Facilitation promotes invasions in plant-associated microbial communities.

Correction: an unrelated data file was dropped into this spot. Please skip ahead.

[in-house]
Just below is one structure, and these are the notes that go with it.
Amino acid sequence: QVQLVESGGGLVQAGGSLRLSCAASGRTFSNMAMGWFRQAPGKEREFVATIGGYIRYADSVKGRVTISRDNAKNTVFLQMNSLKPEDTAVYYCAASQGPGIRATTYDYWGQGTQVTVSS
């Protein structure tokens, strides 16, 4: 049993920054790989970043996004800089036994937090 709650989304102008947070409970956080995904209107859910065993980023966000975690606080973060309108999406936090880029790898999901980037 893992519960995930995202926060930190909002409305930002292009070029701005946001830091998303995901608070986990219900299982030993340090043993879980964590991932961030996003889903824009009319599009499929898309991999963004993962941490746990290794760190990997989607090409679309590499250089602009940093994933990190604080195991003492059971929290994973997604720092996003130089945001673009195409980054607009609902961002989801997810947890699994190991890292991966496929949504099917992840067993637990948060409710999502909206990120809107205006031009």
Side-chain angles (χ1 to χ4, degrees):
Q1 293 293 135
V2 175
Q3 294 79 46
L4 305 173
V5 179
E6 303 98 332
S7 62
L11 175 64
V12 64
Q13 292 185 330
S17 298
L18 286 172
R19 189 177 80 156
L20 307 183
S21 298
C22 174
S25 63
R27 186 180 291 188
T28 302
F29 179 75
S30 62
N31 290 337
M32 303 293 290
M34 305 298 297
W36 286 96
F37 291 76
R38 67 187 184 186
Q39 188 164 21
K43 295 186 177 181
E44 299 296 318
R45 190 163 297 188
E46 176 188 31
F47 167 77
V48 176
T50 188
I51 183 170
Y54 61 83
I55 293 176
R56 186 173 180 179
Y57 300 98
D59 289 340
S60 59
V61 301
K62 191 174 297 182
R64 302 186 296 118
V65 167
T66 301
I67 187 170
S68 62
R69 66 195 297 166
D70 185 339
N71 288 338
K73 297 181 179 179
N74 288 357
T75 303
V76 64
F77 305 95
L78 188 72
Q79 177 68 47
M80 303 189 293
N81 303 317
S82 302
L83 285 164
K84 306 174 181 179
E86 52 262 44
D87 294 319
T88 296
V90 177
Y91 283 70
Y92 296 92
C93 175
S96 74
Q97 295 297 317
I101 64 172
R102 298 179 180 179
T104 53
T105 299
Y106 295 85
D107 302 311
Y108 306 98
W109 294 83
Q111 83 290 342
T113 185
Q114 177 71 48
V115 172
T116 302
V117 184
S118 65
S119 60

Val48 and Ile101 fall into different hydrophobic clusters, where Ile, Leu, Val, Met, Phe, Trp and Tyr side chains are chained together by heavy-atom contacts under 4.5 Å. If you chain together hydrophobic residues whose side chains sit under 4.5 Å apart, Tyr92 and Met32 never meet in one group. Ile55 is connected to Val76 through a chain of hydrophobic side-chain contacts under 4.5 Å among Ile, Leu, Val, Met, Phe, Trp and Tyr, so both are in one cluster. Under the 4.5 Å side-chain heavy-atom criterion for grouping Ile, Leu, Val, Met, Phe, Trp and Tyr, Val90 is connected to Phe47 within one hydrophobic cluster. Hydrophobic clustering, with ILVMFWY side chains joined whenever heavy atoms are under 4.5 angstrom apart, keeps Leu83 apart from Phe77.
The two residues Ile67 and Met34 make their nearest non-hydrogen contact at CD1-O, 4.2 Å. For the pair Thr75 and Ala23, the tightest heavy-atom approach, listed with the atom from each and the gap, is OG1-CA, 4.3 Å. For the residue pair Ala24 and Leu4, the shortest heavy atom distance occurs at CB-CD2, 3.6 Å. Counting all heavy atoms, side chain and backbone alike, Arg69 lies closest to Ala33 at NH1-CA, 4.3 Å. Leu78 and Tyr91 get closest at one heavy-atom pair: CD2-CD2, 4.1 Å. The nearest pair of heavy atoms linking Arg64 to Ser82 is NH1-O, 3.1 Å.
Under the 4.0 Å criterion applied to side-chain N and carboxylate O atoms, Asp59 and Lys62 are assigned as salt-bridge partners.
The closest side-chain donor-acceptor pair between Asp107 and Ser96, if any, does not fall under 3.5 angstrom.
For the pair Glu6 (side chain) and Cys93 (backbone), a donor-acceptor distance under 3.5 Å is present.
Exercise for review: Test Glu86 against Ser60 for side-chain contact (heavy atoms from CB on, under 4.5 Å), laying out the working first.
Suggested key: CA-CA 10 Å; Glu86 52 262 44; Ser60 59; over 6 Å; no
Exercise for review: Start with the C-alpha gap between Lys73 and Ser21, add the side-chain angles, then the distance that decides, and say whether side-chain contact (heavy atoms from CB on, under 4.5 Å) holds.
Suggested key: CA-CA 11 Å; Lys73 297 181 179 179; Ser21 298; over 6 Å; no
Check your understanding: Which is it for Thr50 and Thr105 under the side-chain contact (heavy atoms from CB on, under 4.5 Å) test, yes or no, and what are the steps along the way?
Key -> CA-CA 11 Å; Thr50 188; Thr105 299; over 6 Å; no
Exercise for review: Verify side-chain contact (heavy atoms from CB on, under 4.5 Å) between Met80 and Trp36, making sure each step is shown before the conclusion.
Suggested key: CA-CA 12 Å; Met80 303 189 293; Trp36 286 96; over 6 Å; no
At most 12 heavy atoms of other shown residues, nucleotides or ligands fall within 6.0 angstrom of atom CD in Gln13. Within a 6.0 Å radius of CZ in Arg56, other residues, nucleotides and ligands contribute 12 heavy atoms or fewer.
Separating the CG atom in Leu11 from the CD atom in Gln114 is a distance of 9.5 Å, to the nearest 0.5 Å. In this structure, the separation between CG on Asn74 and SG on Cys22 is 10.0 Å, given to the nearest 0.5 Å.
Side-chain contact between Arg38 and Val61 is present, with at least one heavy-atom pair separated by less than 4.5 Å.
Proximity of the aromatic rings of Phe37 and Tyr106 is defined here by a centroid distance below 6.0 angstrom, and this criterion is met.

While several studies have established a positive correlation between community diversity and invasion resistance, it is less clear how species interactions within resident communities shape this process. Here, we experimentally tested how antagonistic and facilitative pairwise interactions within resident model microbial communities predict invasion by the plant-pathogenic bacterium Ralstonia solanacearum. We found that facilitative resident community interactions promoted and antagonistic interactions suppressed invasions both in the lab and in the tomato plant rhizosphere. Crucially, pairwise interactions reliably explained observed invasion outcomes also in multispecies communities, and mechanistically, this was linked to direct inhibition of the invader by antagonistic communities (antibiosis), and to a lesser degree by resource competition between members of the resident community and the invader. Together, our findings suggest that the type and strength of pairwise interactions can reliably predict the outcome of invasions in more complex multispecies communities.